Spitfire Review: The Lion King

Spitfire Review: The Lion King

Hello everyone.

As I’m sure many of you have noticed, Disney are re-releasing many of their old classics as live action films. In this year alone they have released Dumbo, Aladdin and The Lion King with Maleficent 2 coming out later this year. The most recent of these films, and I think the film everyone is the most excited for, is The Lion King. When Disney announced they were making a remake of The Lion King fans were apprehensive. The Lion King was one of Disney’s most successful films of the Disney Renaissance era (1989 – 1999), is cherished by fans and is considered cult classic. Although Dumbo had received positive reviews, fans were worried that the remake would tarnish The Lion King’s legacy.

(Spoiler alert from this point onwards)

Before I give you my thoughts on the film I want to look at how the original Lion King, the 1994 version, came to be. It may be wrong to call the 1994 version an original as most audiences were already familiar with the plot. The Lion King shares the same plot as Shakespeare’s Hamlet. A young prince is exiled from his kingdom, a father is betrayed and murdered by an uncle. The same uncle is later killed by the protagonist and both protagonists have two strong male companions and a childhood crush who becomes a love interest.

Some critics of Disney have have accused the company of ripping of Kimba the White Lion, a Japanese Magna series.  Have a look at the comparison shots below.

Although there is a strong case to be made, some of Lion King’s shots are clearly swiped from Kimba and the names Kimba and Simba are only one syllable apart, I don’t think anyone could win in a legal battle with Disney.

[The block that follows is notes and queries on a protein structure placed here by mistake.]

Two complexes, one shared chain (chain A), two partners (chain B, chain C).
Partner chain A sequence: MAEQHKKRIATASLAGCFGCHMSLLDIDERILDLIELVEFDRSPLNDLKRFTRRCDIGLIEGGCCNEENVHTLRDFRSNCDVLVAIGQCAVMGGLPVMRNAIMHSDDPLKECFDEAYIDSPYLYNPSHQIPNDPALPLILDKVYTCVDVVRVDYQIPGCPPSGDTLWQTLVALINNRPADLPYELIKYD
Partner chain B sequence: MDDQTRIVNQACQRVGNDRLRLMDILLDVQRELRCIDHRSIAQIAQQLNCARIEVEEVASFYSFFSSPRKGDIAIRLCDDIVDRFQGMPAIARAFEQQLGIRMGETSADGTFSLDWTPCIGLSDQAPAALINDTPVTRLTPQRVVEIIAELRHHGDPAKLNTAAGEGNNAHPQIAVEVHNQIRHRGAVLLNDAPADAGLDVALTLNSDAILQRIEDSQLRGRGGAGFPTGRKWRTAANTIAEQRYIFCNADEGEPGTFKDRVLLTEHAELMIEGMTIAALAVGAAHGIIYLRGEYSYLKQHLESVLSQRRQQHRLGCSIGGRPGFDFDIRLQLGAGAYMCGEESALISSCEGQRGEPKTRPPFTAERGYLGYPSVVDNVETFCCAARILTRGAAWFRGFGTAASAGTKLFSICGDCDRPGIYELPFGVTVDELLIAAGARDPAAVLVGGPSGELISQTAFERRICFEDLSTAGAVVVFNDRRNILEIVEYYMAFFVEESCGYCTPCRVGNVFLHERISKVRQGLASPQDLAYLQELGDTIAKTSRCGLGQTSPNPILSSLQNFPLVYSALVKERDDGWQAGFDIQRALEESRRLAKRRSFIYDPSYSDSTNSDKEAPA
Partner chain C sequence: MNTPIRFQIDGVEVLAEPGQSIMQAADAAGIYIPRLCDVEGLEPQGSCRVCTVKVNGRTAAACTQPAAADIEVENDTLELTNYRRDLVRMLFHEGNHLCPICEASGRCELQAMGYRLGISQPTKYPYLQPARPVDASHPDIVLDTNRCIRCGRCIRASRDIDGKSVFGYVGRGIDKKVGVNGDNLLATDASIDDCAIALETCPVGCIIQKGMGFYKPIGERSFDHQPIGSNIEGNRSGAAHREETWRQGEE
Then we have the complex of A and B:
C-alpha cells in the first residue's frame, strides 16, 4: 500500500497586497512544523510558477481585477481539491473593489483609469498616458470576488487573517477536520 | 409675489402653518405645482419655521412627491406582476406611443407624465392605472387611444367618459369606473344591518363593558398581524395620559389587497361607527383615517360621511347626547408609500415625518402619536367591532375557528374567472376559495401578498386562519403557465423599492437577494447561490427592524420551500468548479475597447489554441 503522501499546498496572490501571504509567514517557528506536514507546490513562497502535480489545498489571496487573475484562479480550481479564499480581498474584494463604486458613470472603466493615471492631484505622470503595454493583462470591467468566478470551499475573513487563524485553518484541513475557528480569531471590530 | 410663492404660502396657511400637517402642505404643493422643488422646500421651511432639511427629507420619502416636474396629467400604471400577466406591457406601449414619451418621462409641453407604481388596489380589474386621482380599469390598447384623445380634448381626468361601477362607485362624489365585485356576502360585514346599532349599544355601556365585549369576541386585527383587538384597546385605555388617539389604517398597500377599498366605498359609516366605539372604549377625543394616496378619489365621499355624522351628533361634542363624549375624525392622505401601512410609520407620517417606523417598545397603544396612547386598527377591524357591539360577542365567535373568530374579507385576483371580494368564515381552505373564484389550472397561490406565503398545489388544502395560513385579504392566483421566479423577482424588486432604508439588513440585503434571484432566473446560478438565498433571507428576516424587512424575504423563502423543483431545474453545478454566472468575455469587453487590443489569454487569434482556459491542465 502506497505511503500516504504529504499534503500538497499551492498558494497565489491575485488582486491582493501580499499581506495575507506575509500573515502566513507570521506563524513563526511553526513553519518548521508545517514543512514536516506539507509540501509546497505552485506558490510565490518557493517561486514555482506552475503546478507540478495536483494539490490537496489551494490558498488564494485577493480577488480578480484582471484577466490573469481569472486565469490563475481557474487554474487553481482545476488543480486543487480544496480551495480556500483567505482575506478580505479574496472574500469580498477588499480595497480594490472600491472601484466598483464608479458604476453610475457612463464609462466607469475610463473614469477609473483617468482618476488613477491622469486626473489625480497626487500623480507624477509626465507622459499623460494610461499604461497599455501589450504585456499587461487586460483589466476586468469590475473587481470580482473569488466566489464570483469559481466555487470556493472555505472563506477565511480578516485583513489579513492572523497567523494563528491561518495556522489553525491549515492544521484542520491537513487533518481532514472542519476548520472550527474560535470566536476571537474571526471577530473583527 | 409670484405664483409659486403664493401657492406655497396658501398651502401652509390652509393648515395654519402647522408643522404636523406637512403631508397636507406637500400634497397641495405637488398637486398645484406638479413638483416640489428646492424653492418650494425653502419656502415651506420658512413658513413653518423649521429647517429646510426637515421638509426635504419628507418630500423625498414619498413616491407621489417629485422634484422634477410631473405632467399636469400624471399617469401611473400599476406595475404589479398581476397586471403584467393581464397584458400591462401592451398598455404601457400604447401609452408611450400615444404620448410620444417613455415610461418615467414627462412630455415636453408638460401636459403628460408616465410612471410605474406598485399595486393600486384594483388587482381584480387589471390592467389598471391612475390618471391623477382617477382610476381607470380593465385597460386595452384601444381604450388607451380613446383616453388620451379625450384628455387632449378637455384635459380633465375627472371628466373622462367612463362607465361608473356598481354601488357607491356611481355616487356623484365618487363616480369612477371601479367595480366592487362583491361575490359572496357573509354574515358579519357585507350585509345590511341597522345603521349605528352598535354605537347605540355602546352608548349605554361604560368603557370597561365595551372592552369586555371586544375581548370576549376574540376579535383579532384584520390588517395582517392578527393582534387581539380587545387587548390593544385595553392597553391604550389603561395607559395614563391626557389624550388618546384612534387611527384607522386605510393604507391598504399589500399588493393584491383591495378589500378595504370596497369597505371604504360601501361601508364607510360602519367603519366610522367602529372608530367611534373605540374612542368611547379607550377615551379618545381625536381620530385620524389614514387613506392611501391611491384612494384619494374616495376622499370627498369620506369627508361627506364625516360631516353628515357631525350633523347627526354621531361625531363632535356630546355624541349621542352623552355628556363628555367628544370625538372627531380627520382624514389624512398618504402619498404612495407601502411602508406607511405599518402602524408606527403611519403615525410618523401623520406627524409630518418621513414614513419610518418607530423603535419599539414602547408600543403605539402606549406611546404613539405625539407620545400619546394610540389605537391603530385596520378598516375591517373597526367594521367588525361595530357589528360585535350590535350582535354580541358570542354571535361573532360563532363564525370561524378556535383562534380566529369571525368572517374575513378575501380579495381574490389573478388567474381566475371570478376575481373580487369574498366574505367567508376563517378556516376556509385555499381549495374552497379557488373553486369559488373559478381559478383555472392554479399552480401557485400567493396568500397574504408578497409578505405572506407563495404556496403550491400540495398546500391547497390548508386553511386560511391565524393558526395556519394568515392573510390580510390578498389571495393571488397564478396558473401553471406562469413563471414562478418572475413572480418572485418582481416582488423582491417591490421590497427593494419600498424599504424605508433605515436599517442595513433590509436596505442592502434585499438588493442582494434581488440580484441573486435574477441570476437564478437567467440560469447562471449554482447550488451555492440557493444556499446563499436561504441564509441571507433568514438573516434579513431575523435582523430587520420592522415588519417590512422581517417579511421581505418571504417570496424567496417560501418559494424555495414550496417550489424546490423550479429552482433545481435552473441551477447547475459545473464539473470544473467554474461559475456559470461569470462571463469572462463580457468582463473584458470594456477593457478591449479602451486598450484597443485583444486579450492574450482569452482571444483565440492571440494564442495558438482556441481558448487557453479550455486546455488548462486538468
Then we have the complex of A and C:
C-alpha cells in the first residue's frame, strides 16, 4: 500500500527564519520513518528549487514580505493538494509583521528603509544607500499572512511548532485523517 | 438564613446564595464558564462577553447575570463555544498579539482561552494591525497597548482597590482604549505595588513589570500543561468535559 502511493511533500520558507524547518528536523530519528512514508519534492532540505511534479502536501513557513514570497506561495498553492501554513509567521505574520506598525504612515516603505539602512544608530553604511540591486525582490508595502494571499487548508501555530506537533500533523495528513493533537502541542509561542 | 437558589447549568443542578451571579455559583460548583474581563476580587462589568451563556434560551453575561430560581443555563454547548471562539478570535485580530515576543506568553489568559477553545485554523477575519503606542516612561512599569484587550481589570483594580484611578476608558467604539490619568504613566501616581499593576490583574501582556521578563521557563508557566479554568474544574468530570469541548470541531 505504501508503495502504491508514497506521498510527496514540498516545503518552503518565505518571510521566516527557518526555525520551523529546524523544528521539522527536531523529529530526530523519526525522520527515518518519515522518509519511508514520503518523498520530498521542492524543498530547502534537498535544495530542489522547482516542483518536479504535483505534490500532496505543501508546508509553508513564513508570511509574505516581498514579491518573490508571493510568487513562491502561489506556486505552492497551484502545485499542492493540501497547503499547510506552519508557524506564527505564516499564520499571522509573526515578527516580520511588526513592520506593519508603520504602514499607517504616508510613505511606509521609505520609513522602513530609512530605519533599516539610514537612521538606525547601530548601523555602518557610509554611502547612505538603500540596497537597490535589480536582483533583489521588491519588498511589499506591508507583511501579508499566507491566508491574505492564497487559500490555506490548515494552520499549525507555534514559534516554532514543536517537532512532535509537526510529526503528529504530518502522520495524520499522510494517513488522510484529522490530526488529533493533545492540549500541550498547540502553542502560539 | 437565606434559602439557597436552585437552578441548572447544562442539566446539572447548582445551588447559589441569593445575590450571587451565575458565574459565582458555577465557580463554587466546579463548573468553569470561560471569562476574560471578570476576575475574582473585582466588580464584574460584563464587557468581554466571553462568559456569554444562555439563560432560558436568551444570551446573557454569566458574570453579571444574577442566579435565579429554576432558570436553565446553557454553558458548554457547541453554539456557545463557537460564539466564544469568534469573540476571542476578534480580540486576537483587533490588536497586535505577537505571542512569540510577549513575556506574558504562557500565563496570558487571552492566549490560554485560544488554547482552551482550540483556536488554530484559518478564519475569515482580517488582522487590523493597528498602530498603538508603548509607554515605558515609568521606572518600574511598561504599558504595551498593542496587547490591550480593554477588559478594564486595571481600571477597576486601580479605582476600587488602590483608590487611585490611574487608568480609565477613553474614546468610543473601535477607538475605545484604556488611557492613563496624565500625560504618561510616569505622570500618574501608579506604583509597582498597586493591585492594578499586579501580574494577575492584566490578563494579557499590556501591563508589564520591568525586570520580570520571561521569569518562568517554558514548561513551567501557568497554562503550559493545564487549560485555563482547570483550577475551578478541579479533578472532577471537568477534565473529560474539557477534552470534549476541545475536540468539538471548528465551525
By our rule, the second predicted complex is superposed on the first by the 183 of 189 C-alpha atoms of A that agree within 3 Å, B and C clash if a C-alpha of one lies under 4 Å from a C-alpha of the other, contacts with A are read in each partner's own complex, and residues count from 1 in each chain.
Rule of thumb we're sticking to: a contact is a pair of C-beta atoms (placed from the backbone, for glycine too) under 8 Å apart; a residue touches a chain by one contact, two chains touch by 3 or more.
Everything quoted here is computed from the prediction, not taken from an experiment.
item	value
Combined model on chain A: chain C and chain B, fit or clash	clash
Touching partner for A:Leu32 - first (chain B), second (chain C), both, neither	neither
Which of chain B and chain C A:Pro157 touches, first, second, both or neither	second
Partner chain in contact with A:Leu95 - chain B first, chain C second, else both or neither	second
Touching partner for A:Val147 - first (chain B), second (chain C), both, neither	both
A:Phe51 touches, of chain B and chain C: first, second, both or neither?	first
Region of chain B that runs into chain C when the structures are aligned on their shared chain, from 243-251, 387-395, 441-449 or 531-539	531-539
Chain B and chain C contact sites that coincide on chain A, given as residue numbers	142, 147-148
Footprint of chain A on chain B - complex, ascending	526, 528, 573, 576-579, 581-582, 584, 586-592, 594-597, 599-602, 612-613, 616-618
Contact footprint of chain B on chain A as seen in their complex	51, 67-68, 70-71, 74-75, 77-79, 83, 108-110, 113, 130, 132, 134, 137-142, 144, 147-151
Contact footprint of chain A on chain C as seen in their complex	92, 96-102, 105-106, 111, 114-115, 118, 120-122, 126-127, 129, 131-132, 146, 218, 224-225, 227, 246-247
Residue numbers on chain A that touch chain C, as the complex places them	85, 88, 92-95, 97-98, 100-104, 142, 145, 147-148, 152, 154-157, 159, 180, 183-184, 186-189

If I had to describe the 2019 Lion King film in a single word I would say “Majestic”. As you can see from the trailer above, the physical appearance of most of the characters is astounding. Aside from talking, they could easily almost be mistaken for real animals. In the opening scene of the film, Rafiki sprinkles a liquid on Simba’s fur during a christening like ceremony. The way the liquid spreads unevenly across Sima’s fur, which itself is moving in the breeze, is brilliant and sets the bar for the rest of the film. It becomes obvious, within the first few frames, that the animators have studied different animal’s body language and movements to create a sense of realism.

Although the plot of this film does change slightly from the 1994 version, it is still as powerful, arguably more so. Mufasa’s death is still devastating, young Nala and Simba are adorable and Zazu, Timon and Pumbaa are hilarious (more on the latter two in a moment.) In other cases the film mirrors shots from the 1994 film as a nod to fan.


It should also be mentioned that Nala, the female lead, is voiced by Beyonce who loans her voice to the film’s soundtrack.

Although The Lion King was bound to attract fans who had grown up with the 1994 version, it’s target audience is primarily families. With this in mind, I was very surprised that the producers added in several jump scares. Although these scares were followed by a joke or played for comedic effect, I still couldn’t help wandering if it was too extreme for younger viewers.

I also questioned the character’s designs, in particular Scar’s and Pumbaa’s. This film was meant to focus on realism but even with that in mind I found myself preferring the 1994’s version.


Pumbaa is… ugly. I know that he’s a warthog and he’s meant to be ugly but compared to the other characters he is the odd one out. I also prefer the original voice actors for Timon and Pumbaa (Nathan Lane and Ernie Sabella respectively) but that is just personal preference. I also prefer the original song Be Prepared song by Scar and the hyenas. I thought the new version was lack lustre.

These points don’t, in any way, ruin the film. I think this is the best film I’ve seen this year. I’ll give Lion King 10 pride rocks out of 10.


In summary, it’s brilliant.

I’m sure you’ll enjoy it as much as I did.


One Reply to “Spitfire Review: The Lion King”

  1. I wish Disney would own up to ripping off Kimba the White Lion and for cultural appropriation with trademarking “Hakuna Matata” or using “The Lion Sleeps Tonight” which was plagiarized from Solomon Linda’s “Mbube” song. It’s a shame how The Lion King gets a free pass for stealing and having some racist implications.

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